Monday, March 2, 2009
Bizarre psych-pop band from Detroit, led by lead singer and songwriter Troy Gregory. The Witches don't play by any conventional rules here. The lines and music on most of the songs seem to come out in stream of consciousness rants about, usually, some type of love and madness. As much as I like this album, none of it makes much sense to me, though "who wants 2 sleep with the birthday grrrl" and "the invisible miserable people have reappeared" are very memorable, catchy stuff, like the Velvet Underground singing mid '70s AM pop songs on a sugar high (and no those aren't typos, even the song titles are messed up on this one). "on the haunted side of the house" closes out the album with a 4 minute random sampling of what sounds like someone channel surfing at 3 am, which actually sums up this platter quite nicely. Info in comments.
Saturday, February 28, 2009
Here is not just a great, but possibly classic album, especially considering it was made by a 57 year old rock veteran with more passion and intelligence in it than most younger artists will be able to muster in their entire careers. Nile has never made a record this good, or this accesible in his career. There isn't a bad track here, and certain ones (the opener "Welcome To My Head", the supreme jangling of "Best Friends Money Can Buy" and the phenomenal "Game Of Fools" would be hits in any just musical universe. While these songs are the catchiest, they don't form the albums core. That is found in the variation from track to track. "Back Home" channels Dylan circa Blonde On Blonde about as good as I have ever heard. "The Day I Saw Bo Diddley In Washington Square" is played as a catchy as hell Irish jig, which it's title wouldn't indicate at all. "Whole World With You" is a beautiful love song played as a hard rocker, and the next track "On Some Rainy Day" is just a beautiful love song. It's stunning how many great hooks and passionate songs are on this album, and it is certainly one of the best of the last 5 years, if not the entire decade. Info in comments.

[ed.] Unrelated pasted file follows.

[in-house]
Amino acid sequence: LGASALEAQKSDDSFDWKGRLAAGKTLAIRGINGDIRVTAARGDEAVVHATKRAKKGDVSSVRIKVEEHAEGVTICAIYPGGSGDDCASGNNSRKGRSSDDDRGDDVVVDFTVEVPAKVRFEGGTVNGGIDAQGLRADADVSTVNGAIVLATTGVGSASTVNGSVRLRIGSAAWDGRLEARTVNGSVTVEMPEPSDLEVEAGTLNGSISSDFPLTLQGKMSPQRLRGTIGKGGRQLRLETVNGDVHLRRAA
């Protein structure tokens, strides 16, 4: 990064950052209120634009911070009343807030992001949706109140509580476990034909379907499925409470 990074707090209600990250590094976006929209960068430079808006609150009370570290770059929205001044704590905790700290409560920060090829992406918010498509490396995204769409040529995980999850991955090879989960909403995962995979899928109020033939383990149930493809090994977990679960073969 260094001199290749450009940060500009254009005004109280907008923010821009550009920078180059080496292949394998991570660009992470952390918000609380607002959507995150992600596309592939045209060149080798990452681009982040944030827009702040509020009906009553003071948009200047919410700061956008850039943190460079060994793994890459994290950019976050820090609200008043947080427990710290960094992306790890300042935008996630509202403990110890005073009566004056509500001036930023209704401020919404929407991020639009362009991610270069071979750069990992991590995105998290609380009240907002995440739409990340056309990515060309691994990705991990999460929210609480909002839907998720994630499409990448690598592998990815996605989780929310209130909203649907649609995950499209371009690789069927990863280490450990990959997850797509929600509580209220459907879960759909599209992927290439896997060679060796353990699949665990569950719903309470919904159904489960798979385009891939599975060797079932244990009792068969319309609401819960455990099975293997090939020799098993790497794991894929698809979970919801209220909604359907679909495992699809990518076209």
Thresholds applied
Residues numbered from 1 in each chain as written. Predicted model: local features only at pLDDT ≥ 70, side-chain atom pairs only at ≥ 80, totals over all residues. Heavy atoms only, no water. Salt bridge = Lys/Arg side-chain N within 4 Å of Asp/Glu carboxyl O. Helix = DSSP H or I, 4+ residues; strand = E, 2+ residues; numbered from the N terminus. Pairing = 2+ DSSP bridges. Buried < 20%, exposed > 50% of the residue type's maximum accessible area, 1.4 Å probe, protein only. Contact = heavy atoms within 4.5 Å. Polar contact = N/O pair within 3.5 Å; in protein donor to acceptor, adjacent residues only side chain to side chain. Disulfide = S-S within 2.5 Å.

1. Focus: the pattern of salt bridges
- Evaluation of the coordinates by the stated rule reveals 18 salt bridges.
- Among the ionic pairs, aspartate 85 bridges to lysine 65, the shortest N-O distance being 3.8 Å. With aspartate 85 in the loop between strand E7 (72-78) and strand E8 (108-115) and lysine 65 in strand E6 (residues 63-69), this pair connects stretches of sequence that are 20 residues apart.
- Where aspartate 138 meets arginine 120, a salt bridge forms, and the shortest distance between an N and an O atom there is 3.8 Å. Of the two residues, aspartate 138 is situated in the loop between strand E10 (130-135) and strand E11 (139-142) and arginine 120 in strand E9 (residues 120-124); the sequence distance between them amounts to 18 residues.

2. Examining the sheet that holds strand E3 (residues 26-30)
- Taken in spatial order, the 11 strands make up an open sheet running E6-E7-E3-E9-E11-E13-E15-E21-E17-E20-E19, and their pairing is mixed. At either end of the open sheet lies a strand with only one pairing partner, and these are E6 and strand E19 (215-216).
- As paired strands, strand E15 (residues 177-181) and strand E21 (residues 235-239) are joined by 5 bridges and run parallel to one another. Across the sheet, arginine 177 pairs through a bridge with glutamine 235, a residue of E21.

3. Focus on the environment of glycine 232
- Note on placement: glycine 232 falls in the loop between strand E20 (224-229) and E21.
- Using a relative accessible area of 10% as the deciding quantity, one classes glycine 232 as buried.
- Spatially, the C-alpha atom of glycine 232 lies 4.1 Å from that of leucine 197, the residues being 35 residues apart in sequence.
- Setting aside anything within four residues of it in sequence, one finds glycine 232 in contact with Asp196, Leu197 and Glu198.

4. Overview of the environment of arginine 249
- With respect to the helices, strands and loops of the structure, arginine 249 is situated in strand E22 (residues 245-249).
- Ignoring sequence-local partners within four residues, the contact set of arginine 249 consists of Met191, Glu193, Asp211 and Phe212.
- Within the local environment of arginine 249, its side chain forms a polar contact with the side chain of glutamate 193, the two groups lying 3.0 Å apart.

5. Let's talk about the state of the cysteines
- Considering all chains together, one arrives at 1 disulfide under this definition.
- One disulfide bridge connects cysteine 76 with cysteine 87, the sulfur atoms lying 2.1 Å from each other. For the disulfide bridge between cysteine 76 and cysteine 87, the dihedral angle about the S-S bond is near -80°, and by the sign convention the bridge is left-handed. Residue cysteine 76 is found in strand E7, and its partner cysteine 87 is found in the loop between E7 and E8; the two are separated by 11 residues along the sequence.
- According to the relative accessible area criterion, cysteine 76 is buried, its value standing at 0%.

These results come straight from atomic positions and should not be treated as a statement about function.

Friday, February 27, 2009
Straight ahead Bronx rock n' rollers The Del-Lords were led by ex-Dictator Scott Kempner and featured Eric "Roscoe" Ambel (Joan Jett's gutarist) on lead. This first release is roots rock through and through, dealing almost exclusively with the plight of the working man. Fortunately that is not as boring as it sounds. Opener "How Can A Poor Man Stand Such Times And Live" is like rockabilly Woody Guthrie, and "Get Tough" is just a very solid rock song, which the Del-Lords have a knack for effortlessly pulling off. "I Play The Drums" is a clever ode to a working loser who hits the skins to escape his trouble, and "Mercenary" makes it clear they know their rock history (listen for the guitar line from another song about a man who lives a life of danger.) Put the real gem is "Double Life", the best, most melodic song here, and one of the only songs on the album to deal with a romantic relationship not in the context of economic hardship (and, I might add, sort of a preview of an even better song in this vein on their next album.) Frontier Days isn't quite as good as any of their next 3 albums, but is a solid start for a great, overlooked band. Info in comments.
Thursday, February 26, 2009